Breaking down these findings further by hotel, text analysis shows the specifics of every praise and problem. Each of these data-based insights has the potential to be addressed by CX strategists and reach across departments to address other concerns.
Out of 3,371 comments at The New York Marriott Marquis, 1,628 were praises and 1,576 were problems.
- Among the praises: guests find the hotel clean, convenient and well-located; the rooms are considered spacious; the gym is well equipped and the view from the gym is appreciated.
- Among the problems: a major point of contention is with the elevators, which customers say are too slow and often out of order; some customers note that the decor is dated and the food and drink expensive.
Out of 3,199 comments at San Francisco Marriott Union Square, 1,806 were praises and 1,289 were problems.
- Among the praises: guests find staff friendly and the service good; they also praise the food quality and portion sizes.
- Among the problems: Guests find the bathrooms small and parking very expensive; they consider noise pollution from the street to be heavy; they didn’t appreciate the union strike since services guest services were limited during that period; guests are not happy that the executive lounge is closed on the weekends.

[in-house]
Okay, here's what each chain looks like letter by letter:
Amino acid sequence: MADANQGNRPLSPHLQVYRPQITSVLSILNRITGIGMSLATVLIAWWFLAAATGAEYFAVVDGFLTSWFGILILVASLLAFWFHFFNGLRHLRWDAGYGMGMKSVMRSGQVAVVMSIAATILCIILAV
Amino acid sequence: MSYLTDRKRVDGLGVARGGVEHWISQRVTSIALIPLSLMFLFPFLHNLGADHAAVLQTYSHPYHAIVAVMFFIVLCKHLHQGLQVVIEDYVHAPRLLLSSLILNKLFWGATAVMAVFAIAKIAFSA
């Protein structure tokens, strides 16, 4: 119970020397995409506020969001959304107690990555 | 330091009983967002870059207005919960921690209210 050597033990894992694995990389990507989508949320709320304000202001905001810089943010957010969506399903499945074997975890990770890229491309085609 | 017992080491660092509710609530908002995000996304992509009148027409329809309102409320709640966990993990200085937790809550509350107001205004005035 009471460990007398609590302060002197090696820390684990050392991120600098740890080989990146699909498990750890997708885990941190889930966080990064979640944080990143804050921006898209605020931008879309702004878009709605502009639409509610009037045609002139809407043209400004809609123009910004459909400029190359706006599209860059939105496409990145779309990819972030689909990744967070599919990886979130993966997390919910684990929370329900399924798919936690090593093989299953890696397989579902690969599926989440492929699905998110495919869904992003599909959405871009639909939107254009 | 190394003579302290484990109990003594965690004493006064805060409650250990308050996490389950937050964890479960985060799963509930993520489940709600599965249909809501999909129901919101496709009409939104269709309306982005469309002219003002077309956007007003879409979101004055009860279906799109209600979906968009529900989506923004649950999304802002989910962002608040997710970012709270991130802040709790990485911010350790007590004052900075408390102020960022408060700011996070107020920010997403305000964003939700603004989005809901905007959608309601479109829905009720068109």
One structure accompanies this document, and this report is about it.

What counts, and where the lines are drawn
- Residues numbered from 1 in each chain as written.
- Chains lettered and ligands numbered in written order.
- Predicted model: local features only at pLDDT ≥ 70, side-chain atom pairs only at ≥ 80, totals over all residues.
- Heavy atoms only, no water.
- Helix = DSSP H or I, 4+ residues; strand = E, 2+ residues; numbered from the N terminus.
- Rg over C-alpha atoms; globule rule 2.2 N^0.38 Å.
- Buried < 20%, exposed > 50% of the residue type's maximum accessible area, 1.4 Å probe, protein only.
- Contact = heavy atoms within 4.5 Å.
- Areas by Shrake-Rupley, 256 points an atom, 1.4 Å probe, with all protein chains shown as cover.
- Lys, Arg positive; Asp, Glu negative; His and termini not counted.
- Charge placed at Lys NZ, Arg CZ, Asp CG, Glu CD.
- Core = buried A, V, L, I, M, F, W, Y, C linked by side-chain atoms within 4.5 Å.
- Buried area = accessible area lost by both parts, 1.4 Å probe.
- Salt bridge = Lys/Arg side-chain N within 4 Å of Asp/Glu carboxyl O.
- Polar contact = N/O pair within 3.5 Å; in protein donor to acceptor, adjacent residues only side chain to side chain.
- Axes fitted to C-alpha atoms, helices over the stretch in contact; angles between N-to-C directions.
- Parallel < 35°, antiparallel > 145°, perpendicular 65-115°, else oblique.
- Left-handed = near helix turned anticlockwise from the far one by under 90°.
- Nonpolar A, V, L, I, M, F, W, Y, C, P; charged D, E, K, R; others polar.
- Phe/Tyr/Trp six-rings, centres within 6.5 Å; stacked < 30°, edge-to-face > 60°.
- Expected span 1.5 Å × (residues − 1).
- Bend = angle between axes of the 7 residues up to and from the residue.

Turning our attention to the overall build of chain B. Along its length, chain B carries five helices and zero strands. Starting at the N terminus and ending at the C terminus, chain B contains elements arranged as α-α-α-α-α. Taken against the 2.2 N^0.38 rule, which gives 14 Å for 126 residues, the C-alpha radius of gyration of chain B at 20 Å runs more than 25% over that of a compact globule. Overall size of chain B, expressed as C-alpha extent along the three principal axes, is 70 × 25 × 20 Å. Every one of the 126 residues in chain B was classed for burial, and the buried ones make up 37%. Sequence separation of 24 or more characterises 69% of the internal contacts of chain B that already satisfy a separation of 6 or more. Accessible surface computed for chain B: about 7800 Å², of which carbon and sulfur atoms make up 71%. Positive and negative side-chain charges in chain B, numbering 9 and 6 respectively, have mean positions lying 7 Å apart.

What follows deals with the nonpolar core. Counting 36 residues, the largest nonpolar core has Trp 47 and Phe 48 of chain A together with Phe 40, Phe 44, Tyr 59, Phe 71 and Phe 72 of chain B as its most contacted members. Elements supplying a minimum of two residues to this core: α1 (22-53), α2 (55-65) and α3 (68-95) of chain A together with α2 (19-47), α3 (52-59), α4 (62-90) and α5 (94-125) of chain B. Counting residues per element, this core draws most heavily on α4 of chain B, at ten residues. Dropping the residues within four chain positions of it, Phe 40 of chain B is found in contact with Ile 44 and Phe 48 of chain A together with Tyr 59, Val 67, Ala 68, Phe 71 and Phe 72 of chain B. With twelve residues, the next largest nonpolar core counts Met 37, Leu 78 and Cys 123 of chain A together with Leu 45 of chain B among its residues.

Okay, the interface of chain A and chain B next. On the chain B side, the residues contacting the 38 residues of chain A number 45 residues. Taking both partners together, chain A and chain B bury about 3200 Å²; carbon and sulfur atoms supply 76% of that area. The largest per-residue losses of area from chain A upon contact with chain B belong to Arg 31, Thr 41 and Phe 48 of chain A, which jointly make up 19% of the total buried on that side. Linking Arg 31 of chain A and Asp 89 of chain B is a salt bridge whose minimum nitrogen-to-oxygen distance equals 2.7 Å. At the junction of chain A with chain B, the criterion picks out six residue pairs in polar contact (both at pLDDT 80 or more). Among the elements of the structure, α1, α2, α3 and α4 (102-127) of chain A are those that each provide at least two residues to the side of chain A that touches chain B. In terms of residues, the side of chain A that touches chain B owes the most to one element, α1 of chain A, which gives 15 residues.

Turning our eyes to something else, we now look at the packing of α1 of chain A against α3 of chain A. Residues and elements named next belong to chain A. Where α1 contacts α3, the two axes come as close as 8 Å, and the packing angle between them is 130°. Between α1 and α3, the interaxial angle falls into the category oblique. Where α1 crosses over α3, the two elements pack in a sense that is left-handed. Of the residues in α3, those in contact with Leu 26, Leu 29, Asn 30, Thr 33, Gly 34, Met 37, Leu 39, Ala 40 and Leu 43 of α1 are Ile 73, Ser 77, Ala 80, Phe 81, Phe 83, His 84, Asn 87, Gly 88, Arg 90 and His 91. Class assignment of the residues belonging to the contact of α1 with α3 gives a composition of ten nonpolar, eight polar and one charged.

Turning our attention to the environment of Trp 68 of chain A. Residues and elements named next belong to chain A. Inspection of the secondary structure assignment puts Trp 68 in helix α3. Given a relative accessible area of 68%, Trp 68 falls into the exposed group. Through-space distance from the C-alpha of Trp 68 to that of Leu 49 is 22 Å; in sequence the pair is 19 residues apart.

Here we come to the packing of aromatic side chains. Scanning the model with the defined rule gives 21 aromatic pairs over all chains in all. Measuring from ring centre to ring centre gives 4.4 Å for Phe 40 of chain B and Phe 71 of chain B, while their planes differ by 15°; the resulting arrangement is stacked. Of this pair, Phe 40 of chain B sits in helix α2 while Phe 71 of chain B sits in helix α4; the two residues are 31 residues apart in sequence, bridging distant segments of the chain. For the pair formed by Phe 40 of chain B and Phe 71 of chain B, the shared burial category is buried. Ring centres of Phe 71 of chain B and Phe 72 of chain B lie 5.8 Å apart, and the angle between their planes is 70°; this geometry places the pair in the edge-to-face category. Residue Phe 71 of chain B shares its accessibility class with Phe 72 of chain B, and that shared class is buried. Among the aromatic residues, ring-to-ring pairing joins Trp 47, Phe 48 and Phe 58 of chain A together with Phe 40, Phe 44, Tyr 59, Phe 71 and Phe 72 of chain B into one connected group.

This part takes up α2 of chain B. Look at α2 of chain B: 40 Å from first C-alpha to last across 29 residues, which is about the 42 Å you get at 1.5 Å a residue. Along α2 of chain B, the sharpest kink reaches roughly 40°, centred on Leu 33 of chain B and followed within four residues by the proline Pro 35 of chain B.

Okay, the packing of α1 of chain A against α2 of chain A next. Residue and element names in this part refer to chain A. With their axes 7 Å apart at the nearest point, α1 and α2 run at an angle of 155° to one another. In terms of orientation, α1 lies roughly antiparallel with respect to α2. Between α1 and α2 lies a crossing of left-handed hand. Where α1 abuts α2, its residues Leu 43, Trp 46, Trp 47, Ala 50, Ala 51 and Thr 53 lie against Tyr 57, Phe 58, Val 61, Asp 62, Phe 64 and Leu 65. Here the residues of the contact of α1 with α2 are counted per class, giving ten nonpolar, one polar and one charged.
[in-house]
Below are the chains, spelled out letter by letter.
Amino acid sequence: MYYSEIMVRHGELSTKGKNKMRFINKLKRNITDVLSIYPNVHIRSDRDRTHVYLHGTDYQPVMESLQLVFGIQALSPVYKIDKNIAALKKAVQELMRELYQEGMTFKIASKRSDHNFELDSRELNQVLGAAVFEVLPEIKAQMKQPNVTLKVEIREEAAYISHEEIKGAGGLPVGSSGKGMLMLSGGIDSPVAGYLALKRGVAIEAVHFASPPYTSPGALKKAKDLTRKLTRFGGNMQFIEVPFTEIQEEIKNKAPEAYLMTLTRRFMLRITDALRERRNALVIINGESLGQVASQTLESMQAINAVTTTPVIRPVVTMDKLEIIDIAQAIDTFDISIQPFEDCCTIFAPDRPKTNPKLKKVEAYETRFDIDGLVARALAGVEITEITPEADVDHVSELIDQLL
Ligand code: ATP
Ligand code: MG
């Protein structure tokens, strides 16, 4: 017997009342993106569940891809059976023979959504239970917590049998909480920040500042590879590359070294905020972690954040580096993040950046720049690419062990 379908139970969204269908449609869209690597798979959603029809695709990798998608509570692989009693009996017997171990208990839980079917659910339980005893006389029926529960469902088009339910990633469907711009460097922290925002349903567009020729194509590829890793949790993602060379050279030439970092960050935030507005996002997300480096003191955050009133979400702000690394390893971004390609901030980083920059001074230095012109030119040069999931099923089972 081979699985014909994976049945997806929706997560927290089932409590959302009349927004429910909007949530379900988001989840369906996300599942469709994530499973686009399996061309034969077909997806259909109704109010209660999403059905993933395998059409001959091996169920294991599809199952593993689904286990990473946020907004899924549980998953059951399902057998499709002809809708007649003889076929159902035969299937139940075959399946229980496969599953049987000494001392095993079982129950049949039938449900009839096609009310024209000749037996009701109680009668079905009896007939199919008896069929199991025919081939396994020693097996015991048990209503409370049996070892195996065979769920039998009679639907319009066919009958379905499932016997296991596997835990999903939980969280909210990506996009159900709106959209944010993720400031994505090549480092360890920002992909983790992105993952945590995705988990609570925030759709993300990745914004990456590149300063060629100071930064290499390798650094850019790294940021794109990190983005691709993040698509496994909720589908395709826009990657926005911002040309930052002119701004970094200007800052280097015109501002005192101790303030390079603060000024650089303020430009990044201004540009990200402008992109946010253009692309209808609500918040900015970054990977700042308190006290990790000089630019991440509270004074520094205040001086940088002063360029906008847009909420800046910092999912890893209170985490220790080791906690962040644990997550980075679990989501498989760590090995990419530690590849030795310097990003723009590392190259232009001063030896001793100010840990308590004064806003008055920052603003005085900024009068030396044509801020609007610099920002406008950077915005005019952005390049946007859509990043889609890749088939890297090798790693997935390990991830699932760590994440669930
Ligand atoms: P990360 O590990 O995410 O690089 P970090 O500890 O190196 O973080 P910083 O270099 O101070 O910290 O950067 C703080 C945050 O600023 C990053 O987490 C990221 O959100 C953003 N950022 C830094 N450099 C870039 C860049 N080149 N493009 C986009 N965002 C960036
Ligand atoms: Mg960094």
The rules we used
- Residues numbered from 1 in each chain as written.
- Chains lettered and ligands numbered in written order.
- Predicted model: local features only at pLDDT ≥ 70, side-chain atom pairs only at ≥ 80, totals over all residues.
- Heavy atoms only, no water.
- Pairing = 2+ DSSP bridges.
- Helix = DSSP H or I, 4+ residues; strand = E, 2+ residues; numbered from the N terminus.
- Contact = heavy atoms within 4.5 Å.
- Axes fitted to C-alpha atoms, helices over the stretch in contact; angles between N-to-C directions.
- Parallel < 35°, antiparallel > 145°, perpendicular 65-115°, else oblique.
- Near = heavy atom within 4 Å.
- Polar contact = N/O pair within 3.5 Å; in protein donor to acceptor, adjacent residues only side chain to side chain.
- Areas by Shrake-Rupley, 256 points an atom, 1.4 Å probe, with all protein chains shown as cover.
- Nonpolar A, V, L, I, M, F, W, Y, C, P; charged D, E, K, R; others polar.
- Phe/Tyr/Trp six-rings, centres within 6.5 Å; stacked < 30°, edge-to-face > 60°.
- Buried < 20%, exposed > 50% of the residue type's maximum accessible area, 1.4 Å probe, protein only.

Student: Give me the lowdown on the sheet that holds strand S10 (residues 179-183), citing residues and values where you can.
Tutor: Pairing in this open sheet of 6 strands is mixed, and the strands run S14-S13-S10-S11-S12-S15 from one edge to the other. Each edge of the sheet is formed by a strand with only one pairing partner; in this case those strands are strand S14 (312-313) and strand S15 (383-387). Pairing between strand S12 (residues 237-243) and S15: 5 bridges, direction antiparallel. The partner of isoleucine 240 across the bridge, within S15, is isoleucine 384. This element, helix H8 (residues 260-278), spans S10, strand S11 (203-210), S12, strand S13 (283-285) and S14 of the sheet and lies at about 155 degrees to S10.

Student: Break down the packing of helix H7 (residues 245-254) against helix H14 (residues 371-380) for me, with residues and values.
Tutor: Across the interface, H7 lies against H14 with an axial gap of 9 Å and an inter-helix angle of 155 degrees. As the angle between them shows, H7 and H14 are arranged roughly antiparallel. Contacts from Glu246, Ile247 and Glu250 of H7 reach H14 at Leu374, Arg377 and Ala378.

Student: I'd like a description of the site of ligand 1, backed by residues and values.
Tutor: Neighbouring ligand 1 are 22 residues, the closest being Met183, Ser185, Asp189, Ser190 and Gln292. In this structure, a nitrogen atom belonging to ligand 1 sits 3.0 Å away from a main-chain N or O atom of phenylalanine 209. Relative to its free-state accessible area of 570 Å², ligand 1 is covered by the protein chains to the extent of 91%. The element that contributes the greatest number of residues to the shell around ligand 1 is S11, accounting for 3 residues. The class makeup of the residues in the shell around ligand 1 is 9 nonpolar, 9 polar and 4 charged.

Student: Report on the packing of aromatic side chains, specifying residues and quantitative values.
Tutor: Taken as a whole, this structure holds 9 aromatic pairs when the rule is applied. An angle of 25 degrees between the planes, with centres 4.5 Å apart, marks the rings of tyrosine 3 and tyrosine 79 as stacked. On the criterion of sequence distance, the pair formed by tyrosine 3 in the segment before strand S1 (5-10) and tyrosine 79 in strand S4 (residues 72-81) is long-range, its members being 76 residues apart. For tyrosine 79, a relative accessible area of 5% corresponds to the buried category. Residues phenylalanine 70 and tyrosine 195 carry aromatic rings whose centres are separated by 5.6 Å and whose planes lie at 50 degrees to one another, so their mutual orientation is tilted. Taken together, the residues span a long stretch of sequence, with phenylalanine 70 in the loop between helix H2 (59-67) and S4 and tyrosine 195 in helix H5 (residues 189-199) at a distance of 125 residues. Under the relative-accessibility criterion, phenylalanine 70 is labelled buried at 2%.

Out of 3,558 comments at the Chicago Marriott Downtown Magnificent Mile, 1,858 were praises and 1,566 were problems.
- Among the praises: guests enjoy the location and the view; they appreciate that the hotel is located so close to many restaurants; the breakfast buffet has a good selection; the food served at conferences is excellent.
- Among the problems: some guests said that desk chairs in rooms are not easily movable and cannot be raised or lowered, and suggested that proper desk chairs for working would be appreciated; guests also would like to see refrigerators and microwaves in all rooms; they noted that electrical outlets are lacking and badly placed.
Out of 1,928 comments at JW Marriott Austin, 1,259 were praises and 605 were problems.
- Among the praises: guests said the staff is friendly and helpful; they enjoy the spa and the gym; they appreciate the warm water and the view from the pool.
- Among the problems: some guests considered the massage prices at the spa expensive; some noted that the pool space is too limited for the number of guests using it; and think the wifi is too expensive or should be free.
How Marriott can take the next steps to CX success
Considering the scope of this customer data and what it reveals, what could Marriott do next to address every insight? Customer reviews like the ones Keatext analyzed above reveal more than any star-based review system could. These reviews, understood as qualitative data that is too often gathered but not used by companies, help CX leaders and other departments understand the true reasoning behind customers’ opinions and sentiments.
Seen through the lens of CX, these insights pinpoint the exact steps in the customer journey that need more attention or need to be changed. In that way, Keatext’s insights can go far to address guest satisfaction, customer retention and even how to gain new customers along the way.